I grew up like the majority of Filipinos who mostly just stared at apples, oranges and grapes at select stores that sold them.
These fruits became rare and expensive because of the long drawn import restrictions the country faced in the eighties all the way toward the turn of the 20th century.
The Philippine government for a long time didn’t have the dollar reserves to support consumer imports, drained in large part by massive corruption during the Marcos era and over borrowing.
A foreign debt crisis emerged that pushed our country into a stringent belt tightening program so we can pay back our creditors led by the International Monetary Fund (IMF).
It took a long time to solve the problem. It took a lot of blood, sweat and tears mostly from the millions of Filipinos, who up to now are still working abroad and sending money back home.
Add to that the strong resolve from our smart economic managers through the decades to never default and keep paying down our debts. The tax restructuring that makes us pay among the highest taxes in the world amidst poor public service.
The US dollar receipts from the now burgeoning outsourcing businesses further increased the momentum in building up our international reserves which currently stands at over US$80 billion. This is 11 times the level of our monthly importations and much more than sufficient for our foreign debt service requirements. We have even become a net lender to the IMF.
What this all means to the ordinary consumer is the ability to gain access to any kind of consumer products and services imaginable with import restrictions long gone and large retailers making a strong push to quickly grow their number of stores in as many communities as possible. Supermarkets, hypermarkets, convenience stores and minimarts are sprouting like mushrooms not just in Metro Manila but all across the country.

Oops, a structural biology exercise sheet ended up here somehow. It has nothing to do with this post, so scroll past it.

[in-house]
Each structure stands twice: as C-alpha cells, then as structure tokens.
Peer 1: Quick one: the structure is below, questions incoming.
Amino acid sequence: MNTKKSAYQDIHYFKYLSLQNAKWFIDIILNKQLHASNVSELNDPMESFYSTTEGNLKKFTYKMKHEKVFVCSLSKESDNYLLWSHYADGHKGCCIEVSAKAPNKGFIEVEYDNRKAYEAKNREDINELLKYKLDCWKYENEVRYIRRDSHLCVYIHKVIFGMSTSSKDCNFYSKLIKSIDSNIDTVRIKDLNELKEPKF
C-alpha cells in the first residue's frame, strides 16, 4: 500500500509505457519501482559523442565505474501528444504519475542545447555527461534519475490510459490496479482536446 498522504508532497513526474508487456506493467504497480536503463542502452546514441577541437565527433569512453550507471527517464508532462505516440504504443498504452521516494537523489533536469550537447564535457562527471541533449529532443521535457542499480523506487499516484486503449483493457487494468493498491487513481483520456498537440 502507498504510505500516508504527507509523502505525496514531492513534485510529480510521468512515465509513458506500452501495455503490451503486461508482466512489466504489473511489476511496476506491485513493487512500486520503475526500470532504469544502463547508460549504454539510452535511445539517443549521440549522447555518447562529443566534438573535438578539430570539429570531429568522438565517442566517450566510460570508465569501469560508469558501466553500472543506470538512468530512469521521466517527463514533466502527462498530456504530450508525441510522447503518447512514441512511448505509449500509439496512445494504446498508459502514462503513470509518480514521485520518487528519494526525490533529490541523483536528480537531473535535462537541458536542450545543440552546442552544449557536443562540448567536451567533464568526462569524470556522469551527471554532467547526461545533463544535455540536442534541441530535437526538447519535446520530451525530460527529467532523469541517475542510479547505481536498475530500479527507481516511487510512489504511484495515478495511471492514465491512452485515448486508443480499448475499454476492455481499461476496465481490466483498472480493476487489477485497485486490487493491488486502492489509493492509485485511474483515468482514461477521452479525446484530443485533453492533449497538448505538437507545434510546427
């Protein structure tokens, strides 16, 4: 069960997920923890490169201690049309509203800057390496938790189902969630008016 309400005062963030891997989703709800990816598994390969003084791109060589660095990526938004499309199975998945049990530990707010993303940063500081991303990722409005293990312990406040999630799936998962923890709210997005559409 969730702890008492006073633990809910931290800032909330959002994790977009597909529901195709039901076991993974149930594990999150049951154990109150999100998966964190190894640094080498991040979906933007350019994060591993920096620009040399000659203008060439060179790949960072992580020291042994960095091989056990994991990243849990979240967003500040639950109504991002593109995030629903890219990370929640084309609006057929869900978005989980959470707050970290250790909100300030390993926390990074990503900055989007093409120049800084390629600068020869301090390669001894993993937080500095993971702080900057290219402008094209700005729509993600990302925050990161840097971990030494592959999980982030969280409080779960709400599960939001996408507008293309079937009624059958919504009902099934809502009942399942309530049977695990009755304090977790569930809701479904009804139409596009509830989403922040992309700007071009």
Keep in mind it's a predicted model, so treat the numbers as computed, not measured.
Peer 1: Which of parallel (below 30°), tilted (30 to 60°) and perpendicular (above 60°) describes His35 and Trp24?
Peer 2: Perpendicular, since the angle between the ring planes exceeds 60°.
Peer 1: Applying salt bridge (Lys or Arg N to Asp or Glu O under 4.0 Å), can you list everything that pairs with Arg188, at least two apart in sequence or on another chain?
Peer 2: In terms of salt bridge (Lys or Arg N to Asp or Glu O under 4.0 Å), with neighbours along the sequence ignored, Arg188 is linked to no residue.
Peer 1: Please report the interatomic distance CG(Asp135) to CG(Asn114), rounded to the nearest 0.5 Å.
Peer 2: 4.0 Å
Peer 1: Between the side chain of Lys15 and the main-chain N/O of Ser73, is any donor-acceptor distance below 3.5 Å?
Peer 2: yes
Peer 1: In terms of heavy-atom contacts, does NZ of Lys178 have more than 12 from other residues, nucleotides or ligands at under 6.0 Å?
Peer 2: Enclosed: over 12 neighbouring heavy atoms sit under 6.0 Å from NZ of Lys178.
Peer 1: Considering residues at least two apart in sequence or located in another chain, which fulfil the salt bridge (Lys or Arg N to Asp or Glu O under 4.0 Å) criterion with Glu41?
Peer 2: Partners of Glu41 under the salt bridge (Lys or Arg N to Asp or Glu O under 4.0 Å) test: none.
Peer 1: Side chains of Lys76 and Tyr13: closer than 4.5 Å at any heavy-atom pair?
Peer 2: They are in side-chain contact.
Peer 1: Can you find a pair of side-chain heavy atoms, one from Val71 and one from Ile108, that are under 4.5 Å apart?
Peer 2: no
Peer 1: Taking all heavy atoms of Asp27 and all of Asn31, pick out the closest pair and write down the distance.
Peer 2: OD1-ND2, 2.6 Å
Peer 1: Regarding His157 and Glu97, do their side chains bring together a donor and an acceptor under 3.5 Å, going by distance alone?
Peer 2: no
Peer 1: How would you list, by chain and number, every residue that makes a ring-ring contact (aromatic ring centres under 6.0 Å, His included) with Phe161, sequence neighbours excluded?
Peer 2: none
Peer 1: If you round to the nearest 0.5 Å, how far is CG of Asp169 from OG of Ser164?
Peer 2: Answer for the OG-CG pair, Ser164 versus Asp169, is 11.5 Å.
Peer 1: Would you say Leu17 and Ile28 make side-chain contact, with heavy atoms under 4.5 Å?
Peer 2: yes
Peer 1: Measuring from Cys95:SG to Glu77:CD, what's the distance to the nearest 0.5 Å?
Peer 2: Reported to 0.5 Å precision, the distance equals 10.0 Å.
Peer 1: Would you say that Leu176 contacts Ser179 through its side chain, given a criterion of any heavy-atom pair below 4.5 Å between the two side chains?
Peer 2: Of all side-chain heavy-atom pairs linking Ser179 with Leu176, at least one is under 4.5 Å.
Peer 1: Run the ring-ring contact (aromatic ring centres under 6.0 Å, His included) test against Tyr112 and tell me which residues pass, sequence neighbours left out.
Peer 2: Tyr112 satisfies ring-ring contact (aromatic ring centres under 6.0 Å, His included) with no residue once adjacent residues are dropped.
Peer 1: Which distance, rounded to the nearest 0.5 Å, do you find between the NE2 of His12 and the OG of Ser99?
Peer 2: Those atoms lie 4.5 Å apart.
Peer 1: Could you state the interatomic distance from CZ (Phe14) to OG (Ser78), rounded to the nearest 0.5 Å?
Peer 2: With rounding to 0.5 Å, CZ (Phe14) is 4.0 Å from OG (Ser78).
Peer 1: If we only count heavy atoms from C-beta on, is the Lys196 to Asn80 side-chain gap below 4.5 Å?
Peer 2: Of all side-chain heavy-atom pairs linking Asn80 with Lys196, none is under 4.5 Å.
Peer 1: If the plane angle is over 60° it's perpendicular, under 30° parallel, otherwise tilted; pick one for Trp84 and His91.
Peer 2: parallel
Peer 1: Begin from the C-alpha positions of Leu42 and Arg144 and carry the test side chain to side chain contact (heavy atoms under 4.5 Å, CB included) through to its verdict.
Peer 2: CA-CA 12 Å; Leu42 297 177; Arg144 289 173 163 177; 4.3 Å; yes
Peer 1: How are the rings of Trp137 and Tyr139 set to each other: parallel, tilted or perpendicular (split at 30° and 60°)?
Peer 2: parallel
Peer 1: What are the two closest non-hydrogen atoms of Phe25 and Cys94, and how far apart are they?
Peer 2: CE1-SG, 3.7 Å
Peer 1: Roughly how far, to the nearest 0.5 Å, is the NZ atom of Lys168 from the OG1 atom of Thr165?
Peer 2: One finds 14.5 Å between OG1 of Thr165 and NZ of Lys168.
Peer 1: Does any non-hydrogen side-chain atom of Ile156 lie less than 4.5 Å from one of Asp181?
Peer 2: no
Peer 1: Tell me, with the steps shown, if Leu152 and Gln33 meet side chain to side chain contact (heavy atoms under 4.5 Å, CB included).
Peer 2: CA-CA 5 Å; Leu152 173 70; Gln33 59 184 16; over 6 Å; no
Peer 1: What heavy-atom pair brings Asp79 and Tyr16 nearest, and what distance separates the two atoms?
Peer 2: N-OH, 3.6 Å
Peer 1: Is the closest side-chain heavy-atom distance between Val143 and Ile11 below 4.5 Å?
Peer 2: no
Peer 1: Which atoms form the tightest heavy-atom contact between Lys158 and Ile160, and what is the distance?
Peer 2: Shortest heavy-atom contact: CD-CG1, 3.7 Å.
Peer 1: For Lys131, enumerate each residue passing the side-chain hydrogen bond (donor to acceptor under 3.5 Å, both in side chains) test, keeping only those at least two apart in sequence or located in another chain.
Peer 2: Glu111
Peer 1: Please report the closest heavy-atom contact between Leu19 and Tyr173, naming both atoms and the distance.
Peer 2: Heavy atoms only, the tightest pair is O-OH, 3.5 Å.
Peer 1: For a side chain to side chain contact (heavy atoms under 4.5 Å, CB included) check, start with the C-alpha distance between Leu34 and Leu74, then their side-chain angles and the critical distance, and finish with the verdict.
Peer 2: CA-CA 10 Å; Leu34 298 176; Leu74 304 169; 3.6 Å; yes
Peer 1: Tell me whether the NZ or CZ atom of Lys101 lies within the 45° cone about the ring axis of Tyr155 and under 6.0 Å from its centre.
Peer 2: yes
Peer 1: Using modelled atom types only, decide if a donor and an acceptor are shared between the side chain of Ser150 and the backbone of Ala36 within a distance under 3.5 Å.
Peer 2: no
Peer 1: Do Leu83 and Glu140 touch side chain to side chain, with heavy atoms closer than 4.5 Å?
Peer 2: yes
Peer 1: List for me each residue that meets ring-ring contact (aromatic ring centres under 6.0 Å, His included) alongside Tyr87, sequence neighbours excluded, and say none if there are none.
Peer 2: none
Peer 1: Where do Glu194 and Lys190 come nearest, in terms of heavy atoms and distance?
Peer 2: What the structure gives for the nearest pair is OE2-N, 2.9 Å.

A race for space has begun to create and grab market share in areas where formal retailers never dared go in the past. Apples, oranges and grapes now abound in different varieties from different countries.
With them emerged other kinds of imported fruits, meats, fish, vegetables, canned products, and household goods. And because there is greater competition, local products too have stepped up giving shoppers a new problem of choosing what’s best to suit their needs and emerging lifestyles.
Shopping for groceries has become a real delight and a pastime for families who like seeing new items pop up in shelves. More stores are better designed with vibrant colors, better lighting and air conditioning, wider aisles, cleaner wet sections and friendly staff. For impulse buyers, the convenience stores and minimarts suit their grab-and-go lifestyles having them near their homes and offices.
Looking back from my childhood days, I didn’t expect this to come anytime sooner than it has.
Life has indeed gotten a lot better and brighter. Mix that with a bunch of warm and friendly people, it makes living in the Philippines much more fun these days. It seems too from where I sit at my office in SM, more shopping fun is yet to come.